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Discover Acadia National Park in the Fall

Cliff Calderwood

Discover Acadia National Park in the Fall

Discover Acadia National Park in the Fall
By Cliff Calderwood

Acadia National Park is the only national park in New England and was the first one established east of the Mississippi. In the summer months it attracts visitors like a magnet. But by fall quiet space is easier to find especially if you’re prepared to camp and hike in the park.

It’s a special place on America’s Atlantic coast and famous for its rocky and breathtaking coastal terrain. The park is home to more than 500 species of plants, 300 species of birds, and the tallest mountain, at 1,530 feet, on the east coast of U.S.

The park is largely located on Mount Desert Island, which is south of Ellsworth, Maine. Acadia covers 46,000 acres and includes 120 miles of hiking trails and an extensive 45-mile network of carriage paths popular for mountain biking. The paths were created during 1913 and 1940 by John Rockefeller, Jr.

Peak foliage in the area is generally around early to mid-October and camping is restricted to Blackwoods campground after September. But the park has many trails and a number can be combined to create longer excursions and climbs for hikers of all ability. Just allow enough time to return to Blackwoods campground for your overnight stays as backcountry camping is not allowed in the park.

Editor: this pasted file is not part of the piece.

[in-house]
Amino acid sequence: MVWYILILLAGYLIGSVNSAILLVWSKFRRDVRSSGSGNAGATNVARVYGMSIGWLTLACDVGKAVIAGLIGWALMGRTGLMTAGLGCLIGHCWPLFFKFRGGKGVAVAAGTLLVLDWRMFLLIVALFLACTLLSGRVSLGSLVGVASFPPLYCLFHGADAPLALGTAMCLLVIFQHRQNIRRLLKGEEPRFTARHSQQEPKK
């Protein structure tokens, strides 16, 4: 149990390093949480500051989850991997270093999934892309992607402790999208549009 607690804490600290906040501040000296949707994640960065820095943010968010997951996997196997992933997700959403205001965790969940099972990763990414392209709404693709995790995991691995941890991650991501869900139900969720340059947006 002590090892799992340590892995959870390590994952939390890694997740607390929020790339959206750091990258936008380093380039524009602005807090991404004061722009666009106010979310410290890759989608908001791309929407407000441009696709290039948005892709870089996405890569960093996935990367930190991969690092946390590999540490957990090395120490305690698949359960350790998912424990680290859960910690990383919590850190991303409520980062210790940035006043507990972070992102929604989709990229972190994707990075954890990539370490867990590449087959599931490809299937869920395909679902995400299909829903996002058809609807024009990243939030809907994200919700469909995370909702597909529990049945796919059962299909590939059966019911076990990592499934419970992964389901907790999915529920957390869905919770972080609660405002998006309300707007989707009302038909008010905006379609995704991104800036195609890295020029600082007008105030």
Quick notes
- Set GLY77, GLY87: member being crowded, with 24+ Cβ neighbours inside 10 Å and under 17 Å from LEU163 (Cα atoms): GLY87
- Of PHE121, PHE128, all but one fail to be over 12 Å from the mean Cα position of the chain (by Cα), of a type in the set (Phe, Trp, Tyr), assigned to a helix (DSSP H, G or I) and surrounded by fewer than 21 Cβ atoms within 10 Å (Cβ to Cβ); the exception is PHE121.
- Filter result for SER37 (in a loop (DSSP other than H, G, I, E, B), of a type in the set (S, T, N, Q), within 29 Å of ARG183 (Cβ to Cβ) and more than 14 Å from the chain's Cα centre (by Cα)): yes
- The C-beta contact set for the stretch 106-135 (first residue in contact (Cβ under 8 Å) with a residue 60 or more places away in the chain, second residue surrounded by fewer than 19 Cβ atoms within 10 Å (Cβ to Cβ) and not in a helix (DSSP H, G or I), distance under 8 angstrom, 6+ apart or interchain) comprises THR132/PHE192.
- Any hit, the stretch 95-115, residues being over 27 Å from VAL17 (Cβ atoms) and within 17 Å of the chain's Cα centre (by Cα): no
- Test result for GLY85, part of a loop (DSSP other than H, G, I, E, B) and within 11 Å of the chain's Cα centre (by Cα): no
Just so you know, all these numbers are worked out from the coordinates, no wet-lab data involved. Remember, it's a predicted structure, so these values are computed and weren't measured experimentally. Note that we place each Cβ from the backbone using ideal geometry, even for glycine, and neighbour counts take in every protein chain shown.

Moderate ability trails include: the 4.4 miles Cadillac Mountain North Ridge Trail with open views of Bar Harbor and Frenchman Bay, Champlain Mountain at 2.2 miles, and the 3.3 mile loop of the scenic Jordan Pond Shore Trail.

Three of the more popular trails for strenuous hikes are the Precipice Trail, Cadillac Mountain South Ridge Trail, and Acadia Mountain Trail.

The Precipice Trail is very steep as it ascends 1,000 feet almost vertically, and includes climbing ladders on exposed cliffs. It’s the most challenging of all the trails in the park but an exhilarating climb if you’ve a head for heights.

The Cadillac Mountain South Ridge Trail starts close to the campground and is a 7.4 mile roundtrip hike through forests and to the summit with marvelous scenic views at the top. The Acadia Mountain Trail is on the opposite side of Sommes Sound and offers stunning views of the Sound, and Southwest Harbor.

Mountain cyclists can marvel and enjoy the impressive broken-stone carriage roads located east of Sommes Sound in the Jordan’s Pond and Eagle Lake areas. These roads are also a wonderful way of seeing the park for hikers, and those wanting easy scenic walk trails.

Allow a week to experience the varied hikes and terrain of the park during fall.

Trail maps and park information can be picked up at Hulls Cove Visitor Center located on Route 3 and open from May thru October. For more information on Acadia National Park and reservations at the campgrounds visit

For more details on other destinations and attractions in New England and to pick up your free travel and vacation reports go to Cliff Calderwood’s New England vacation site at:

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